Posted by: conferencebay | April 24, 2008

Social Networking Woes

The best way to learn more about a certain topic, or to catch up on the latest innovations in the industry, is to head to a conference. These events are also great opportunities for networking. You get to talk to other industry players and experts, find out what your competitors are doing and who knows, you might even meet a few potential business partners!

April brought us to two conferences. Arnout was at an e-commerce conference in Singapore, preaching passionately about how conference organizers and delegates can benefit from online marketplaces (like Conference Bay!). He blew everyone away of course! Frank had the opportunity to attend The Next Web conference in Amsterdam on a free ticket! Yes, a free ticket! Free is a golden magic word in Singapore. One never refuses anything that is given away free of charge! We scored that ticket by submitting this very professional home-video! George Lucas, watch out!

Both events were great opportunities for us to spread the word about our humble little venture and how it can benefit organizers and delegates alike. Very useful for us at this stage as people tend to need to hear our story a couple of times before they try us out. Which is not such a bad thing because once they’ve tried us out, they can’t deny the value of Conference Bay!

Unfortunately, even though both conferences were very good, and we got to meet a lot of really interesting people, the organizers missed the chance to make more out of the events in terms of networking opportunities. While they had recognized the importance of networking and had the tools/services for it, they didn’t turn out to be as valuable as they seemed.

The organizer of the event in Singapore had a very interesting networking tool for delegates to get in touch with each other before and after the event. This included a meeting planner where delegates could schedule appointments with people they want to meet before the event. This would eliminate the need to make those appointments during the event itself. Very convenient. Now if only they had sent us the login information for the meeting planner before the event took place, and not three weeks after!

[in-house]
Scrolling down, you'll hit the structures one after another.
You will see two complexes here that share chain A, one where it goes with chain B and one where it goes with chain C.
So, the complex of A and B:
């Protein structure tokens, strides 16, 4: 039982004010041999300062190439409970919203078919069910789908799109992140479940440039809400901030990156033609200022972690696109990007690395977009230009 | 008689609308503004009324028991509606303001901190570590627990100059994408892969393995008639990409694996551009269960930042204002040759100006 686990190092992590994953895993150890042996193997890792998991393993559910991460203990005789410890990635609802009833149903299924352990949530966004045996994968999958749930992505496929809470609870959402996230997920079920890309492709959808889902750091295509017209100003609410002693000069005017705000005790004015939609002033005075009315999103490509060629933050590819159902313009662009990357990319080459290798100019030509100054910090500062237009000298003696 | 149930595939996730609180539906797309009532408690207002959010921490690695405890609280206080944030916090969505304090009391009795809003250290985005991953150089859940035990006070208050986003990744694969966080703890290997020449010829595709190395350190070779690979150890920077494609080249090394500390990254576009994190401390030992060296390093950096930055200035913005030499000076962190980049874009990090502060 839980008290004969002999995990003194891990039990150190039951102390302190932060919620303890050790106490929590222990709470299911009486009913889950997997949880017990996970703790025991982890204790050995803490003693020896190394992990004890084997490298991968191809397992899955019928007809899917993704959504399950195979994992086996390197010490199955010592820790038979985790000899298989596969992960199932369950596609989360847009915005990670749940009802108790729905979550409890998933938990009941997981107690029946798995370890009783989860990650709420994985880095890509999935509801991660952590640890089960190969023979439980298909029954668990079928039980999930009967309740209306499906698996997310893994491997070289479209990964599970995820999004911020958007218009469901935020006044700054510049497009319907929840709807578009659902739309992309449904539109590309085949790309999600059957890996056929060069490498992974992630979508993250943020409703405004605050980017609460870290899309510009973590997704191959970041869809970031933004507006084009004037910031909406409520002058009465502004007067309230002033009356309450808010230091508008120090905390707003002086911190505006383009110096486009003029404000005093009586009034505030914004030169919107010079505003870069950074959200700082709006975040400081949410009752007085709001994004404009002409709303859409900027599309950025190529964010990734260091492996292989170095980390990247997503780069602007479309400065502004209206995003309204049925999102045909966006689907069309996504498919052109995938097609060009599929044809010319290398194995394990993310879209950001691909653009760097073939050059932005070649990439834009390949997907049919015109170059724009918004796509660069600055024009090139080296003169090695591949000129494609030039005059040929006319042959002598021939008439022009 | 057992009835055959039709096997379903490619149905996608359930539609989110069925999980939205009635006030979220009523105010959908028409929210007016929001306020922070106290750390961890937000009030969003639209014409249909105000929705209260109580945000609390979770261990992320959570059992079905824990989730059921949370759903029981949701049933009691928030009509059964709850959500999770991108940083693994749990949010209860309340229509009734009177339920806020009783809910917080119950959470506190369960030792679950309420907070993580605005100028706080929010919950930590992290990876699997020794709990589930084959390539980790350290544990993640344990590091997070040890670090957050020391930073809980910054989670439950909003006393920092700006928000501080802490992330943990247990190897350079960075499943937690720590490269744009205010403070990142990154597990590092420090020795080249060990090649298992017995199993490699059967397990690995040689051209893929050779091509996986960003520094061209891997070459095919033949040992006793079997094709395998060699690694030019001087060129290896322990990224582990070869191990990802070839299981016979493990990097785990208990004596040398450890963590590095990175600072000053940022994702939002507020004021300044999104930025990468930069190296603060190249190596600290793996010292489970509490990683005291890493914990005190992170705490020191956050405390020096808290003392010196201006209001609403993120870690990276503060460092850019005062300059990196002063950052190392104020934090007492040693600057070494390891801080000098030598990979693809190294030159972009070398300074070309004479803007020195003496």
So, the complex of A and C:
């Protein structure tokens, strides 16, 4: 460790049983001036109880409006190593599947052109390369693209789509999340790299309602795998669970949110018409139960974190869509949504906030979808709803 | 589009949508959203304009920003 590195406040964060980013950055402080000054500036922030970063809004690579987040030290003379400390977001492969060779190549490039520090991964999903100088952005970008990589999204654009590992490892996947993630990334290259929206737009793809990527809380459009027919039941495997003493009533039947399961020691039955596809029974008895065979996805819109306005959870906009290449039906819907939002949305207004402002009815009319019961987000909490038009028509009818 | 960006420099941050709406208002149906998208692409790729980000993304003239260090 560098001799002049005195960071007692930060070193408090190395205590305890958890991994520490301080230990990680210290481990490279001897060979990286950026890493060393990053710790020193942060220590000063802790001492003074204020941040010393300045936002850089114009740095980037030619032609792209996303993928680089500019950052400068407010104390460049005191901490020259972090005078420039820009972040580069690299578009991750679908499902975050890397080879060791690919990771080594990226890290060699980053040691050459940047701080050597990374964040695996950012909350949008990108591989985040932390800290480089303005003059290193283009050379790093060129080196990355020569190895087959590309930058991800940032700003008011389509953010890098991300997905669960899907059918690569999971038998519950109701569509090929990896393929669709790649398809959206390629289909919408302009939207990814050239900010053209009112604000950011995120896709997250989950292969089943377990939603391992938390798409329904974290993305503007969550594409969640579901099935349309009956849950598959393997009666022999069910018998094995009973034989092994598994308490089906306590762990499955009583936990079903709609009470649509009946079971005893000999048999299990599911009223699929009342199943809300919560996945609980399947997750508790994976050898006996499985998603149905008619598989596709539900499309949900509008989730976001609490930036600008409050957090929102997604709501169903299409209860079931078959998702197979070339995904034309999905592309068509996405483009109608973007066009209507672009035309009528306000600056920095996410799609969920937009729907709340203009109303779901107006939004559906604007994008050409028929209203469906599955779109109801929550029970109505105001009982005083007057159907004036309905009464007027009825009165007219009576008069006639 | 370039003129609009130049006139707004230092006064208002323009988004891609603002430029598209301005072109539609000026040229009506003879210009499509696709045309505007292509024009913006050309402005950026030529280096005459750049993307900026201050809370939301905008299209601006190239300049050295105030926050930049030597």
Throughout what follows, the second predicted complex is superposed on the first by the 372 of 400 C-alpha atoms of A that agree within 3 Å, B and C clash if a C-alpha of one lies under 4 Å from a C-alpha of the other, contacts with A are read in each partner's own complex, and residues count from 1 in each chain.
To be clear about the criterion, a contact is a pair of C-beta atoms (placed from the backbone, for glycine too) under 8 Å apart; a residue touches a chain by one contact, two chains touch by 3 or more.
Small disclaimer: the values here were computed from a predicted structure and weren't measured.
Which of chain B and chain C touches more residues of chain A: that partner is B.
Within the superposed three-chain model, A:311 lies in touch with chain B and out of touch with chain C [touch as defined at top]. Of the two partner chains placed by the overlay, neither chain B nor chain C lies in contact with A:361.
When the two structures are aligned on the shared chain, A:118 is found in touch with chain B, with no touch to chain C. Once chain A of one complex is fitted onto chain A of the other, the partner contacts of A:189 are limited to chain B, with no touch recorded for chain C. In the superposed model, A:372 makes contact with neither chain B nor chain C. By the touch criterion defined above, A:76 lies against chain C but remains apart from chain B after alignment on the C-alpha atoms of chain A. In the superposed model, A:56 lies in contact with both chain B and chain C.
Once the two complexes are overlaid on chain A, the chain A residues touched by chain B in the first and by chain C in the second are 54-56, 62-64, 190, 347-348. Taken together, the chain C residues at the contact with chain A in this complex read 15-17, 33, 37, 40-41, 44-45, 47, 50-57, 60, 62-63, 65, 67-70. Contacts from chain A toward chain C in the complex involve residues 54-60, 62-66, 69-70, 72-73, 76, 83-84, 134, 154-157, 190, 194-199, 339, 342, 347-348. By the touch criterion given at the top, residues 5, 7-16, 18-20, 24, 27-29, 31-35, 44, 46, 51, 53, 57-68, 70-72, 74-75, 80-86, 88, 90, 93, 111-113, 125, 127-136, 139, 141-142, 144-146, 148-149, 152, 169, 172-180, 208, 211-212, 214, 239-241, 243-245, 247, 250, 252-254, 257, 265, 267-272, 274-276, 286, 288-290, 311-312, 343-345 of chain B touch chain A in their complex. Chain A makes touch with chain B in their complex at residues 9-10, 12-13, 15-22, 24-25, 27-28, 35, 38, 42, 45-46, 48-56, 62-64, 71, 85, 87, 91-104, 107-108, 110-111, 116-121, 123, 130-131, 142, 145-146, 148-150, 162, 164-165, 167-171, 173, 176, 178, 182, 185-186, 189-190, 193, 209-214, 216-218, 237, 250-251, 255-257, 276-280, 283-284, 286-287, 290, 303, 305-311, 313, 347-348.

As for the one in Amsterdam, they had introduced a nifty little tool called the “confnetwork”. It was an interesting concept. Designed to improve the networking experience for delegates during the event. But, according to the people Frank spoke to at the conference, it wasn’t working properly at that time. So without the high-tech gadgetry and systems in place, we had to network the old-fashioned way. Badges with only the delegate’s first name on them. The idea was to keep things nice and informal to encourage a more relaxed atmosphere, but without the all-important last name and company name (think about it, would you rather talk to just Steve from Apple Inc, or Steve Jobs from Apple Inc?), networking was definitely more difficult and inefficient.

When networking is the main goal for most conference goers, it’s important to have all the services and tools in proper working order before the event. It was great to see that the organizers recognize the need for a better networking, but there is still a lot of room for improvement.

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Responses

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